What does Apple plan do to about the iPhone 4's antenna problem and will it offer a public mea culpa in response to the bad notices that have followed iPhone 4 just about everywhere it goes? And will any of those responses involve the words "recall," "our bad" or "Consumer Reports"?
Those are the big questions for Apple following word that the tech giant plans to host an iPhone 4 press conference Friday morning at its Cupertino headquarters.
Details are scant on exactly what Apple plans to say. All Apple's been telling journalists is "show up" and "yes, it's about iPhone 4." From there come a number of possibilities, including whether Apple will respond directly to the Consumer Reports "not recommended" blog posts that have caused it so much consternation.
What's true is that Apple finds itself in an unfamiliar position: on the defensive. It has to say something -- even federal lawmakers are saying so. And although it's hard to confirm whether bad press for iPhone 4 has had material impact on sales of the smartphone itself -- Apple, you'll recall, moved 1.7 million of the things in the first three days of sale, and showed no signs of slowing down -- the hit Apple's taken to its image might be what's translating to its declining stock price.
Either way, Apple has its work cut out for it if it expects iPhone 4 to remain among the growing list of the top smartphones of 2010. Here are a few things to watch for Friday:
1. Will Apple Apologize? Apple's been taken to task in the past two weeks -- from Consumer Reports on down -- for the perception that it hasn't acknowledged key design flaw issues in iPhone 4. Does Apple go the contrition route, or the defiance one?
2. Will It Recall The iPhone 4? Whispers of recall have grown louder and louder in the past few days, with everyone from analysts to bookmakers choosing to speculate. A recall seems unlikely, but, then, so did a public relations nightmare for Apple with its latest and greatest iPhone.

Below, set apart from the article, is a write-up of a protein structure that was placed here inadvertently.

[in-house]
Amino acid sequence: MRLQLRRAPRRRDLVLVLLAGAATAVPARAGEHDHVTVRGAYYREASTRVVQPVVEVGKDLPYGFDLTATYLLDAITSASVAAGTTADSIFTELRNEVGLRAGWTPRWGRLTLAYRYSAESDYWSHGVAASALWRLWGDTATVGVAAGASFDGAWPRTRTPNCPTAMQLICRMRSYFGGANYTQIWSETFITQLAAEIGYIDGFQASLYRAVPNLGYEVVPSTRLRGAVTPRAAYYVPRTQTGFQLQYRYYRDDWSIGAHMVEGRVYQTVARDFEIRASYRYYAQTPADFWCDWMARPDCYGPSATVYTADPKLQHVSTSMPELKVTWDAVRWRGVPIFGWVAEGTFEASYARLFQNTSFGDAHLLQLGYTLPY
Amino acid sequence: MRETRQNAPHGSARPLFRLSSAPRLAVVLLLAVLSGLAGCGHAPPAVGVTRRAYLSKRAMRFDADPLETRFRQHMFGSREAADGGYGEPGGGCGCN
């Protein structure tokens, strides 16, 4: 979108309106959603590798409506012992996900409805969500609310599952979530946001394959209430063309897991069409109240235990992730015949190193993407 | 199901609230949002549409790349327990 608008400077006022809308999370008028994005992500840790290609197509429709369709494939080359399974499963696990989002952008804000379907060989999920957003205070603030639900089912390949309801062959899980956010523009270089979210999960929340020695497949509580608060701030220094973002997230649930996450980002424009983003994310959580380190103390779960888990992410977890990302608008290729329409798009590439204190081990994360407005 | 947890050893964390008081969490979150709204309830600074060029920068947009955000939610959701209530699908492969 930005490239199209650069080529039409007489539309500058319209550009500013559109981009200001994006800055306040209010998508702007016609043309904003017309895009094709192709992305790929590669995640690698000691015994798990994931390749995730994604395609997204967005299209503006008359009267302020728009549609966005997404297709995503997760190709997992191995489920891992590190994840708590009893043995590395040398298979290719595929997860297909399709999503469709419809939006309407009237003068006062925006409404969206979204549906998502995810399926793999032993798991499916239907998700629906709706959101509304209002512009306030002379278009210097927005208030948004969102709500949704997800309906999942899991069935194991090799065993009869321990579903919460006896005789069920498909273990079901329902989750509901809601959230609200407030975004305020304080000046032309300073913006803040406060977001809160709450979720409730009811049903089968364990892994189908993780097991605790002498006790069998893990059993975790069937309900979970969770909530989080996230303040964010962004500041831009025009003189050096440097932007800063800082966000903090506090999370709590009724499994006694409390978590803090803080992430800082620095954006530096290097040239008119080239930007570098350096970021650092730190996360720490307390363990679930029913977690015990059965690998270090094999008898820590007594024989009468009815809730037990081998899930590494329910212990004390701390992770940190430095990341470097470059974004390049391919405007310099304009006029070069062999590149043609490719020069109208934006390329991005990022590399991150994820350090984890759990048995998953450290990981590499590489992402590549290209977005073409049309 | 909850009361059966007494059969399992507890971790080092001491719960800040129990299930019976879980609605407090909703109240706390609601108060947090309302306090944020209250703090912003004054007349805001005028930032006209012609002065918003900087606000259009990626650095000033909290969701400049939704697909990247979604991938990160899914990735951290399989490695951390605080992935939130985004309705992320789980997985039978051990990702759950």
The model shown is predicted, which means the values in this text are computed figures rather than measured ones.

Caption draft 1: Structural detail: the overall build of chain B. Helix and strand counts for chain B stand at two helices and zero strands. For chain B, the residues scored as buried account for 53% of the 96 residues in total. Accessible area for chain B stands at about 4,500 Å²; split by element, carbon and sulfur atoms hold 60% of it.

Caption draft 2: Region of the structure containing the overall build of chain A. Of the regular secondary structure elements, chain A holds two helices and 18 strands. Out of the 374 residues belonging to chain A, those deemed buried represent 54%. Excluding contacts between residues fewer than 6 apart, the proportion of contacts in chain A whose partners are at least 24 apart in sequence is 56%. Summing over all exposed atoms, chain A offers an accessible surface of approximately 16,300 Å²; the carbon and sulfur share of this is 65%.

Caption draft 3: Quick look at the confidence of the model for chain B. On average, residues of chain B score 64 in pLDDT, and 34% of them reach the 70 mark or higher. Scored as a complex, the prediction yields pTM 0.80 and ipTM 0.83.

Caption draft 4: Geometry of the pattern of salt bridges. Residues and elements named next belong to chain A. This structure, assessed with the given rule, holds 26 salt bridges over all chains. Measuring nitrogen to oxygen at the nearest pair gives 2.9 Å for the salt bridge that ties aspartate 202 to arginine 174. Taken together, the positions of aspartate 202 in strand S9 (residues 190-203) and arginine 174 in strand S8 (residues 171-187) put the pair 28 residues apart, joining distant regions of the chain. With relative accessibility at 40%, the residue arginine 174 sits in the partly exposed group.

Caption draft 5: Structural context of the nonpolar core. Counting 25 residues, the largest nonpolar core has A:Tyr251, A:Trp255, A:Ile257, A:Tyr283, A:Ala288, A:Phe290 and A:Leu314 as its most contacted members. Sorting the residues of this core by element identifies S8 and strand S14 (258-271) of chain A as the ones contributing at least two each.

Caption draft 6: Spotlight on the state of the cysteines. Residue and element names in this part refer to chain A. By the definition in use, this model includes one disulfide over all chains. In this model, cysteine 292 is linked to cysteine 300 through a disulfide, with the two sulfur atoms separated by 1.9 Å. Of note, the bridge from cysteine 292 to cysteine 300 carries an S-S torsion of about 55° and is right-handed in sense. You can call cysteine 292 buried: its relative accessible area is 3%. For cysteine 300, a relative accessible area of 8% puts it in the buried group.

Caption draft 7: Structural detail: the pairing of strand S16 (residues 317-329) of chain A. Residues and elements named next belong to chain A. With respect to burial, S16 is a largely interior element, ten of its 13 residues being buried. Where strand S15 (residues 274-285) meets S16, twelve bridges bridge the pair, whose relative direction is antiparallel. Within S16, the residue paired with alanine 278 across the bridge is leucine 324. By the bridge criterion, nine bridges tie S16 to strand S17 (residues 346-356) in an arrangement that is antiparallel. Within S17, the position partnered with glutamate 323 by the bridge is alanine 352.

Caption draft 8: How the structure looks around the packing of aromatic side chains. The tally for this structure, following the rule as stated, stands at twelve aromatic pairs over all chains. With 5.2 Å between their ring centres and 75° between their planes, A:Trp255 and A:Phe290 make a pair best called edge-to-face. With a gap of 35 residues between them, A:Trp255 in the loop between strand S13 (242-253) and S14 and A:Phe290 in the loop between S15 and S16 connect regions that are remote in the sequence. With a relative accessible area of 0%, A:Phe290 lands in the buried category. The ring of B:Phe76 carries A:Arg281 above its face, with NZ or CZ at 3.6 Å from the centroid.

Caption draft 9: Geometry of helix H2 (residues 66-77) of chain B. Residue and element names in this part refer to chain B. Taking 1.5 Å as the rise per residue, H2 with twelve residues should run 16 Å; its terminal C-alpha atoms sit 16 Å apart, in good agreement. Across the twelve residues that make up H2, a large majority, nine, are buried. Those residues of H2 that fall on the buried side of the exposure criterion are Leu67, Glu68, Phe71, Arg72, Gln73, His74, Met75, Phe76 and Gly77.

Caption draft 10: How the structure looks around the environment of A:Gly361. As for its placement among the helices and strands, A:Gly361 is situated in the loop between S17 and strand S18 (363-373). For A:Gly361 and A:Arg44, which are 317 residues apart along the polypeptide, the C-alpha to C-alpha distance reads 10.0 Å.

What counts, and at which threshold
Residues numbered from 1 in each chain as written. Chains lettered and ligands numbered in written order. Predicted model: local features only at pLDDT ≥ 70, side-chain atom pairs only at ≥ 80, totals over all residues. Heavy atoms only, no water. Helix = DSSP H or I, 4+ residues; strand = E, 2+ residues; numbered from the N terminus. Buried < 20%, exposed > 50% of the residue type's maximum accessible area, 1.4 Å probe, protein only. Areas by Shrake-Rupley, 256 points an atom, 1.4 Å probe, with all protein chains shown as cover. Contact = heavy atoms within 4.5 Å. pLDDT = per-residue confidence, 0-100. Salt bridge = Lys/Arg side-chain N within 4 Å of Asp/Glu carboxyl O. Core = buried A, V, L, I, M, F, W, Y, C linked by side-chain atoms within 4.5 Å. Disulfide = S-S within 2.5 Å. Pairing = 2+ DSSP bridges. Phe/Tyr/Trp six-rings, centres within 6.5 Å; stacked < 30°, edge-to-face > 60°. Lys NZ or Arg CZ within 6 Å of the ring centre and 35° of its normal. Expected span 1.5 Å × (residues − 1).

3. Will It Offer Bumper Cases? The most popular theory about Apple's big fix -- at least for the iPhone 4's antenna issue, if not Apple's image -- is that it will offer bumper cases at no cost to users that will maintain the antenna while a user holds the phone. In its most recent post, Consumer Reports suggested Apple provide plastic-and-rubber bumpers or some kind of casing to mitigate the antenna issues. Several researchers have pointed out that such cases would mean a significantly lower cost to Apple than a full recall.
4. What Will The Tech Fix Be? Once it's clear what Apple plans to do to ease iPhone 4 antenna concerns for users that already have the phones, the next question is whether Apple will fix the antenna itself for the iPhone 4s yet-to-be-shipped. Apple has promised a software update to correct how the iPhone 4 displays signal strength, but more than a few observers have suggested that anything short of an antenna fix itself is a band-aid.